'We're trying to put up the best performance we can' - Meath boss Andy McEntee hopeful of Dublin shock
If there was a single sentence uttered at Meath’s recent Leinster final press night that could be classed as revealing as to their mindset ahead of this, their first provincial decider in five years, it came cloaked in the measured sentiments of Andy McEntee.
"Our season won't be determined by the result on Sunday," he said, staunchly.
Which might be just as well.
When McEntee assumed the role of Meath manager in 2016, fresh from an unexpected All-Ireland club win with Ballyboden St Enda’s, neither ambition and optimism were scant.
The team had a new sponsor, Devenish, and informed rumour had it that McEntee would want for nothing financially in his preparation of this Meath team.
With his brother, Royals legend Gerry, on board and a public acknowledgement of what was required to elevate the county towards old glories, they had arrived at Base Camp on a clear day with a direct line of sight to the summit.
And, naturally, Dublin formed much of the initial talk.
For reasons of geography, Meath have always gauged themselves against Dublin.
Now, in this unprecedented era of blue dominance, it wasn't just inevitable that Dublin would be marked as Meath's target, it was necessary.
"I think the quantum of players that can play at inter-county level has improved and increased," McEntee observes of his work over the past two turbulent years.
"I think you can see by the quality of some of the players that are not regulars on the Meath team. That’s one of the things.
"I think physically the team has improved.
"The way Dublin have approached it, they're putting layer upon layer upon layer. You have a lot of guys there who have been around for quite some time.
"We're just probably beginning to see the benefit of that continuous work from a fitness and strength perspective.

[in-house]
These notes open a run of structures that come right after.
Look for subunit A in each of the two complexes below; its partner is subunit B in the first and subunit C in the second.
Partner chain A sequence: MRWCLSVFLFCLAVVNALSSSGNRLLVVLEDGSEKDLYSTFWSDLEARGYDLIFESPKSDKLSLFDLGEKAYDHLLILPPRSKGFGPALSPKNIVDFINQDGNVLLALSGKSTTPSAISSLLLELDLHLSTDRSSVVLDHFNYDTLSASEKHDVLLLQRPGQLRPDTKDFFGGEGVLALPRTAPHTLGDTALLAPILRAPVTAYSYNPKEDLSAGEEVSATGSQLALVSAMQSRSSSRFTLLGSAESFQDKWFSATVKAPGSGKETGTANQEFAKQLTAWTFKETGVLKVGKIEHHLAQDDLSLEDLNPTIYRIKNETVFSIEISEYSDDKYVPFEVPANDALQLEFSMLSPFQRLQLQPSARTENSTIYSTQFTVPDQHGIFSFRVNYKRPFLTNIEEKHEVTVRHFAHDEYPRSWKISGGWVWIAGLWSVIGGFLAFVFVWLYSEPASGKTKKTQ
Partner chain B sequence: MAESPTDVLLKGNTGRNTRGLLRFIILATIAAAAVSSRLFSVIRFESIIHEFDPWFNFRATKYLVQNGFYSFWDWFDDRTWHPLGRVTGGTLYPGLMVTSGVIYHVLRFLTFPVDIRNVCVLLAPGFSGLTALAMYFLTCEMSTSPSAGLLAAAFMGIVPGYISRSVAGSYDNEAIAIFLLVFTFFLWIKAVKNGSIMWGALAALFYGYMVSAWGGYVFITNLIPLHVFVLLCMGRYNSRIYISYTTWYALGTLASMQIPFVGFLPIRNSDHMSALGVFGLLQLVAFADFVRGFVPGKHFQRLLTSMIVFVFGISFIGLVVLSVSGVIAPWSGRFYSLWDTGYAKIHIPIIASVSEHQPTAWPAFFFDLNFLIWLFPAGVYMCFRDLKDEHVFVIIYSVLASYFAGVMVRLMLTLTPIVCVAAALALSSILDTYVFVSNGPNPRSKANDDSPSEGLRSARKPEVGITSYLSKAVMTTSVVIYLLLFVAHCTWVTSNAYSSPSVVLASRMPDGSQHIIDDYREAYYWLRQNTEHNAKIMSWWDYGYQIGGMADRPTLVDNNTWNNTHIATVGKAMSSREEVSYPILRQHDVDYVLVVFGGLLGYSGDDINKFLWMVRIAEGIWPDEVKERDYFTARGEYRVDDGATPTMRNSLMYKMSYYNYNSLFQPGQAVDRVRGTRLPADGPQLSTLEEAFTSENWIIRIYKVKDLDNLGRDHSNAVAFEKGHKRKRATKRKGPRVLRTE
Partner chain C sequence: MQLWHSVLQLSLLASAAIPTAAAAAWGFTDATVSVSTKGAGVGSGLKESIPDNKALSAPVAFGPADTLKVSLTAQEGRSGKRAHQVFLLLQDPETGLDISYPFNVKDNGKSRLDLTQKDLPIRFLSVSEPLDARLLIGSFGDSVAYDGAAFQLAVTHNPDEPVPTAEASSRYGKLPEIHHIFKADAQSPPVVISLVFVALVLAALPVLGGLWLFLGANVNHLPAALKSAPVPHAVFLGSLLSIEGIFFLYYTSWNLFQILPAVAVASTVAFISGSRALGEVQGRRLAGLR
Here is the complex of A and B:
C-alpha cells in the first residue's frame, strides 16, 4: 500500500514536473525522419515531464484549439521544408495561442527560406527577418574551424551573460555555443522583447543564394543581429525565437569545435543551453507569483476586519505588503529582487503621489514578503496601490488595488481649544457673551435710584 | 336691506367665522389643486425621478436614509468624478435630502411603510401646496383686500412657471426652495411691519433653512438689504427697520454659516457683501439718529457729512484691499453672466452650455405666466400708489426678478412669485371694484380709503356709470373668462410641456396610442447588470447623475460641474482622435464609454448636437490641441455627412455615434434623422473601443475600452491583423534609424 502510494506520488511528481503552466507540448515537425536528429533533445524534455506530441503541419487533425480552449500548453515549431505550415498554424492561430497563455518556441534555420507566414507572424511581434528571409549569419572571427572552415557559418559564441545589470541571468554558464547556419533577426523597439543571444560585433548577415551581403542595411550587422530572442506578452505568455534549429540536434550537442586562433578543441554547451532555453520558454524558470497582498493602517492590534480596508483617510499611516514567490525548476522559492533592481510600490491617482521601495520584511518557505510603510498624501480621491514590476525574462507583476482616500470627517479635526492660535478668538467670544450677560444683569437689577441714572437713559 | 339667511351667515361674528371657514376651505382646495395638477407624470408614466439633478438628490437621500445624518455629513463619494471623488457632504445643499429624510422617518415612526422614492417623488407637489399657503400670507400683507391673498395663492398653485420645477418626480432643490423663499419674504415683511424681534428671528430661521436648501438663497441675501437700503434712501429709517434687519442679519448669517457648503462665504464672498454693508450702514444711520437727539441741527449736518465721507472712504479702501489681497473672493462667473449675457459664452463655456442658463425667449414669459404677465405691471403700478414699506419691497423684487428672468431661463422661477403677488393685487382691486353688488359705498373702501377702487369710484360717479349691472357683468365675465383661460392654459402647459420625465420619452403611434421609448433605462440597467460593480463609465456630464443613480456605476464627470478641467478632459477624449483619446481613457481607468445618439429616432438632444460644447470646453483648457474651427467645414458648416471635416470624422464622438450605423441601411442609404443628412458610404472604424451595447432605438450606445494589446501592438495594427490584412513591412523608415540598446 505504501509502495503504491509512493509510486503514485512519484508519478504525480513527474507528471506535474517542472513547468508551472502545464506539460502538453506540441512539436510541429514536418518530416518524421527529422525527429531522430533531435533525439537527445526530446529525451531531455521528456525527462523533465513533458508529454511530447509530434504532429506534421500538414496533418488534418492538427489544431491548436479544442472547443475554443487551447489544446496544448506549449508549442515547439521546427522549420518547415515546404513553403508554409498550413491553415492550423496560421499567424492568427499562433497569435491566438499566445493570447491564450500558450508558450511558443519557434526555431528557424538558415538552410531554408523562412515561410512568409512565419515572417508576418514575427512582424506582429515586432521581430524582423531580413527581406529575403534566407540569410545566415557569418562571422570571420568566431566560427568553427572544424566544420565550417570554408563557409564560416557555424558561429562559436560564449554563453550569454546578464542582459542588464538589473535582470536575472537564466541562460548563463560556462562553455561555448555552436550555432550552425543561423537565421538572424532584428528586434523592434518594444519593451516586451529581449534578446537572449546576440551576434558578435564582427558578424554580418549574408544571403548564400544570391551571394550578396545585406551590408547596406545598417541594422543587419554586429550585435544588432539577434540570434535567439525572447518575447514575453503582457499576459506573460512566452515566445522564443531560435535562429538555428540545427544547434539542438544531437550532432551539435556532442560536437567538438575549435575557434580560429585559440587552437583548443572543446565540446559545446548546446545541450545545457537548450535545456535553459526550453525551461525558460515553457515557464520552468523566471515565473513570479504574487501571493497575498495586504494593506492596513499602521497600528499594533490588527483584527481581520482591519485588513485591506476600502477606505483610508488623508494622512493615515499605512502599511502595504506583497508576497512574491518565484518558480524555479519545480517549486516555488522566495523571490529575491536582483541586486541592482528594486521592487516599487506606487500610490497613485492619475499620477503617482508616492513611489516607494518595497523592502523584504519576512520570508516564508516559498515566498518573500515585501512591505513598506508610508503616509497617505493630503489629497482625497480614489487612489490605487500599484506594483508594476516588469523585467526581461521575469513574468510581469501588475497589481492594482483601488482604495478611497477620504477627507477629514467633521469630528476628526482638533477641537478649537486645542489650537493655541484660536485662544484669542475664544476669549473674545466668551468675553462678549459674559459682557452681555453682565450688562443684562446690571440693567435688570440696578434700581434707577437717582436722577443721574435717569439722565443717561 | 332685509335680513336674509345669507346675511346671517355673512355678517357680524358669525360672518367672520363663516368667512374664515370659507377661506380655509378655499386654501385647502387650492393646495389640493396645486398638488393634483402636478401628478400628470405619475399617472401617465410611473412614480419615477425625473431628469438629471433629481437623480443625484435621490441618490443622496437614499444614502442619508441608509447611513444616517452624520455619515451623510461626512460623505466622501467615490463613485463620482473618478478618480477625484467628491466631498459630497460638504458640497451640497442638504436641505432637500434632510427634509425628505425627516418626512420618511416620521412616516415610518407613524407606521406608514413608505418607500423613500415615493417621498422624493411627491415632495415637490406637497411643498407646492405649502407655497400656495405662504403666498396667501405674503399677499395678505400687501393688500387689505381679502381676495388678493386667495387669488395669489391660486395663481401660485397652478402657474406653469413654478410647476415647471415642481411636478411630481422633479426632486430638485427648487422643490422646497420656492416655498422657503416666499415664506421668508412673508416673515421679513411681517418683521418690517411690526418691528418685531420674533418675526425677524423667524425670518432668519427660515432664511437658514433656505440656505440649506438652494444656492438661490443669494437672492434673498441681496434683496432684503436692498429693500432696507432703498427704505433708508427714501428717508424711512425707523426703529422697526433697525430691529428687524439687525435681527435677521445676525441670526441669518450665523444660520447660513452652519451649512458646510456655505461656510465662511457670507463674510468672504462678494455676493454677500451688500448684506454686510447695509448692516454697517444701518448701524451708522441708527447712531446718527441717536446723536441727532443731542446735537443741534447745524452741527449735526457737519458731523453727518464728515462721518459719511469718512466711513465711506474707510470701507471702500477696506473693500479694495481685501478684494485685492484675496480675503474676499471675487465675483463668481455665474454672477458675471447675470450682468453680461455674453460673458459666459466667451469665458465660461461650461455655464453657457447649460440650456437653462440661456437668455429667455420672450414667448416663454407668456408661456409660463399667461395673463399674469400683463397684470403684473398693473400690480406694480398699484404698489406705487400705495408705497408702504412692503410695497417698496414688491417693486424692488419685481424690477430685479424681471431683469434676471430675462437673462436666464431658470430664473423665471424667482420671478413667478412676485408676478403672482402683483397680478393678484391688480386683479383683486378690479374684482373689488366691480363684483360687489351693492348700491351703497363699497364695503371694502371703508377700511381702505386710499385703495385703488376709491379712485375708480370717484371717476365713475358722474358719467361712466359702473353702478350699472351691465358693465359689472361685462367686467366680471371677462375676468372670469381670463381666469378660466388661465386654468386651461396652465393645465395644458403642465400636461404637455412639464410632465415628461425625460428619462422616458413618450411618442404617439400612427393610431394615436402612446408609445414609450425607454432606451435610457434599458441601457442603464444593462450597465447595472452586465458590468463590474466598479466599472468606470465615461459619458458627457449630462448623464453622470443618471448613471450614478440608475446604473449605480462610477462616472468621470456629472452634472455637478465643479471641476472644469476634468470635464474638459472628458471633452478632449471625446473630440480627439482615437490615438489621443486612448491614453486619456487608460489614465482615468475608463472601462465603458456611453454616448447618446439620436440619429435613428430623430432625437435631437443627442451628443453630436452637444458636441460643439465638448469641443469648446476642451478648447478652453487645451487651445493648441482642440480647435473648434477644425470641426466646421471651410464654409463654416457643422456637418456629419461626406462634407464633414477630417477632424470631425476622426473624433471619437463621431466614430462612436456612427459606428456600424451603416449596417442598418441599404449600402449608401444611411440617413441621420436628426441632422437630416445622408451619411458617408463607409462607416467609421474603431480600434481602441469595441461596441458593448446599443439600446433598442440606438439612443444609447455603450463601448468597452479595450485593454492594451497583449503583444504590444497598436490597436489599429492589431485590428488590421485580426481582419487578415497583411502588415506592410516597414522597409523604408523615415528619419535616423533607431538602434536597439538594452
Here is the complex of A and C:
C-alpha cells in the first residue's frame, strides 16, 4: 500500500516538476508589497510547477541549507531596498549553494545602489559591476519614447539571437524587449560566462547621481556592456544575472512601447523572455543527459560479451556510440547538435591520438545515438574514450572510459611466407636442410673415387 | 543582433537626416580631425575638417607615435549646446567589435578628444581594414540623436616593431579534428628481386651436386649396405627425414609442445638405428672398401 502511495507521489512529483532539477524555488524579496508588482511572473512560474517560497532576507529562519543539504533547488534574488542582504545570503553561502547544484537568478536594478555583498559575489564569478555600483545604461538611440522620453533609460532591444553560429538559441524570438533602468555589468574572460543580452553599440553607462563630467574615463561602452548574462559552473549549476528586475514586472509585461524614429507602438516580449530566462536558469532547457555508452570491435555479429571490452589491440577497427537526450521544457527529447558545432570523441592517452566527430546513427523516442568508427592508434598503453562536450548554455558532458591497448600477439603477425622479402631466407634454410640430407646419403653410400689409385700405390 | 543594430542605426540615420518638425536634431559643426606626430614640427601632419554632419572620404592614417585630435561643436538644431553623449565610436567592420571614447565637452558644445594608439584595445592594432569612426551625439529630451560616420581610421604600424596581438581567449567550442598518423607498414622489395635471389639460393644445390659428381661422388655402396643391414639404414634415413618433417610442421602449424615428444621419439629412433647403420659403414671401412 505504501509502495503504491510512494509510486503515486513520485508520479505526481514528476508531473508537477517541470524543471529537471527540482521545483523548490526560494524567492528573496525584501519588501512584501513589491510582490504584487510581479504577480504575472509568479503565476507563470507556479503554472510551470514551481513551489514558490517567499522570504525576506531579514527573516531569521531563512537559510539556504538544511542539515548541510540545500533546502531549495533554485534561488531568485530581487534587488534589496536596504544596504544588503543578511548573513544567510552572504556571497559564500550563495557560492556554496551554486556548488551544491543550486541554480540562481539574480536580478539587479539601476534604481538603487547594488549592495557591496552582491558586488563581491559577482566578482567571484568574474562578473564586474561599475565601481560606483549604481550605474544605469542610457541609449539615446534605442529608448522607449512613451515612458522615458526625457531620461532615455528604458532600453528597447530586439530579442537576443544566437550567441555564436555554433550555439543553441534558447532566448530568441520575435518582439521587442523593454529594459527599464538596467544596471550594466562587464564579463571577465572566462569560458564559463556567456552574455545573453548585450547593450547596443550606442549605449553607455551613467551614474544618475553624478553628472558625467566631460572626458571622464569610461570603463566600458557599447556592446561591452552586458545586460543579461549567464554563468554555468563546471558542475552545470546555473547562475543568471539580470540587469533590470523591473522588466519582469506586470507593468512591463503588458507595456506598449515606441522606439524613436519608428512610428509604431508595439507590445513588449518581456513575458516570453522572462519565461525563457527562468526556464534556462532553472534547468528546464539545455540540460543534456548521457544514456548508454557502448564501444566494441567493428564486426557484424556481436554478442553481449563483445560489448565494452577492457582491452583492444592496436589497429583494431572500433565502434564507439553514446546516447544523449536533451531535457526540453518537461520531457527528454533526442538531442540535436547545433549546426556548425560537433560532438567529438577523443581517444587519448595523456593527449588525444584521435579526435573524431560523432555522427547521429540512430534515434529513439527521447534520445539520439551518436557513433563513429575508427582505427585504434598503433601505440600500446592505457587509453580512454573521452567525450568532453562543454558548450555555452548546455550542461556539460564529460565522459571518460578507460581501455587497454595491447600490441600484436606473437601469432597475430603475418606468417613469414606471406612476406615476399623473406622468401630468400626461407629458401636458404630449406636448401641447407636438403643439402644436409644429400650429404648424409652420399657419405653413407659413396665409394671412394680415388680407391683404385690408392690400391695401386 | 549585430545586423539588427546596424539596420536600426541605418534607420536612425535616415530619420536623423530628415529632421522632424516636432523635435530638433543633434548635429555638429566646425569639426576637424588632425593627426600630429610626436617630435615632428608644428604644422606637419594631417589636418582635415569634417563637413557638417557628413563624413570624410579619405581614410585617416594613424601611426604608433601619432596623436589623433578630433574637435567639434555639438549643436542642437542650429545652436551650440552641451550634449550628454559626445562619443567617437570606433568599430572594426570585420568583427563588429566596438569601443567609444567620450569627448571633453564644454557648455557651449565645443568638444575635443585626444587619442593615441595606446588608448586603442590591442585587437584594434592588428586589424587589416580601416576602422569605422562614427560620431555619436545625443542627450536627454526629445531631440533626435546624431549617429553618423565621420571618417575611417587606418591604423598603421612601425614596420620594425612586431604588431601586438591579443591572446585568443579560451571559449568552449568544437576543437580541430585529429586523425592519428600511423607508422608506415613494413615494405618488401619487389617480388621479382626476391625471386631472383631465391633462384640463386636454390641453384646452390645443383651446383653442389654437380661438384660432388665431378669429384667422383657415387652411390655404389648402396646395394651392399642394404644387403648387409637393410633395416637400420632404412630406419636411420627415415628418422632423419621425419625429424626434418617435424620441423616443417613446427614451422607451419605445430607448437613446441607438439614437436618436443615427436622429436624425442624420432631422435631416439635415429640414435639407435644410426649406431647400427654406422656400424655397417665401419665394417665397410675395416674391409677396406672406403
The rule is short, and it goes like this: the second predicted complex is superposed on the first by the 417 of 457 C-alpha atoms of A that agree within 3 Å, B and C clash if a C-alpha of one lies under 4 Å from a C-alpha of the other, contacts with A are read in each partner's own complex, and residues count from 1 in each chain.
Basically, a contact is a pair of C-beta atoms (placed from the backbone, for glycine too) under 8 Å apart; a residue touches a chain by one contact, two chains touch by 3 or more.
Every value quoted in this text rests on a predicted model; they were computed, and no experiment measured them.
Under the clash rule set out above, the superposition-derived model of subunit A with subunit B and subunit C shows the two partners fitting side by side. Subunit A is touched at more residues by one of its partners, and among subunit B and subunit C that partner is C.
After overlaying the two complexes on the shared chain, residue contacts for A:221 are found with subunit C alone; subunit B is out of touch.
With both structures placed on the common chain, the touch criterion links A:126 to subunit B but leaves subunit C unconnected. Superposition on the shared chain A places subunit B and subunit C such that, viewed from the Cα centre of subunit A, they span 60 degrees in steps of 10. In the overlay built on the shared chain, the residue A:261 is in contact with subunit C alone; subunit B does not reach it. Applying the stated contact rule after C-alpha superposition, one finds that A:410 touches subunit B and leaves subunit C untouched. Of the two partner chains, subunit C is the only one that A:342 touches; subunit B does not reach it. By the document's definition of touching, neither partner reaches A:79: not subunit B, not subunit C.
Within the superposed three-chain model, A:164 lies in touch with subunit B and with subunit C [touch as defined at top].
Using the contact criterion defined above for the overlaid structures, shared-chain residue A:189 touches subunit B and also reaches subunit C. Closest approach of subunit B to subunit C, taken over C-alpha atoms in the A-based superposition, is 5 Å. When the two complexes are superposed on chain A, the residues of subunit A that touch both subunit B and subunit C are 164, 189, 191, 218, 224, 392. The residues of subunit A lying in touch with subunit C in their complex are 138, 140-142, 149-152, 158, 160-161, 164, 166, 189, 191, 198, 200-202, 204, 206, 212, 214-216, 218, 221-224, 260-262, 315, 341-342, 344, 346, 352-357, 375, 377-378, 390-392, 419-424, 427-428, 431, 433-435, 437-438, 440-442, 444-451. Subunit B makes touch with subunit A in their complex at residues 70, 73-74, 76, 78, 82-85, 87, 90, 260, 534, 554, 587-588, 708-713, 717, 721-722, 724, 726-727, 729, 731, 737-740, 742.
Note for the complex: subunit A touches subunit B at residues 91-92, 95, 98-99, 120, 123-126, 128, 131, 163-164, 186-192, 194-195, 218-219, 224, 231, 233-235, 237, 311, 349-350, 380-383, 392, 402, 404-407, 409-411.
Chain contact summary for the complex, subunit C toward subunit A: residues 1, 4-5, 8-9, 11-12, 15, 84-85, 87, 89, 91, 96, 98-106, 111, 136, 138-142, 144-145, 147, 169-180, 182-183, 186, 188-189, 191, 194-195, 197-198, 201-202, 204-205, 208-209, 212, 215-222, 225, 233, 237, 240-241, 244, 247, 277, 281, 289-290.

"There's a good group of that 2012 minor team involved. And I think they were a decent template to follow. And it's starting to come through now.
"You can see over the last few years we’ve been successful at U-17, U-18 and U-20 level. Reasonably successful without landing any national title.
"And you're starting to see that with the quality of players coming through. So it’s starting to show, I think."
McEntee is acutely aware that if he leads his team into battle convinced of their capability to beat Dublin and it ends as most expected it will on Sunday, the scarring could be fatal in the context of Meath’s stated seasonal goal – qualification for this year’s Super 8s.
If he approaches the game as the classic shot to nothing, it is almost a concession of defeat to a group of players who may not be convinced of their chances to win in the first place.
"It's not the way we're looking at it," McEntee stresses.
"We're trying to put up the best performance we possibly can. Let's see where that takes us.
"On any given day, you're gonna win or lose. If we can perform with some of the qualities we’d like to associate with Meath football, I think that will be enough."
All of this is predicated on Dublin.
Meath have been consistent to a point this year, climbing out of the murky backwaters of Division 2 of the league and improving in each of their three Leinster SFC matches to date.
But Dublin are relentless.
"That's what they have a tendency to do," McEntee agrees.
"You could even see that last week (against Kildare), when the game was well and truly over – and they just keep hammering and hammering and hammering.
"And that's a credit to them and a measure of their hunger and desire.
"That's something we’ve just got to match and put up the best performance. It might sound a little bit boring and a little bit repetitive – but the best performance that we could put up in the year to date and anything we’ve done over the last number of years."
If that task is daunting, it's not unfamiliar.
McEntee worked closely with current and former Dubs in Michael Darragh Macauley, Darragh Nelson, Declan O’Mahony, Robbie McDaid and Collie Basquel in his time with Ballyboden St Enda's.
"And the insight you get," he explains, "is these guys are super athletes. And it doesn’t happen by accident. It gets there by sheer hard work.
"And contrary to most of the beliefs," he adds smiling, "that I would have had before I went to Ballyboden, they're pretty decent fellas too."
Nostalgia aside, there is genuine hope now that Meath can drag themselves into the realms of consistent rivals to Dublin over the coming seasons.
They will play in Division 1 next year and as McEntee points out, that is the straightforward, if endlessly challenging, aim now for the county.
"I think given the demographics of Meath and the population ... the truth of the matter is we've got to roll up our sleeves and we've got to put the work in," he stresses.
"I think you're starting to see it at under-age level. We’re starting to be consistently competitive. And that has to be the long-term goal for everybody."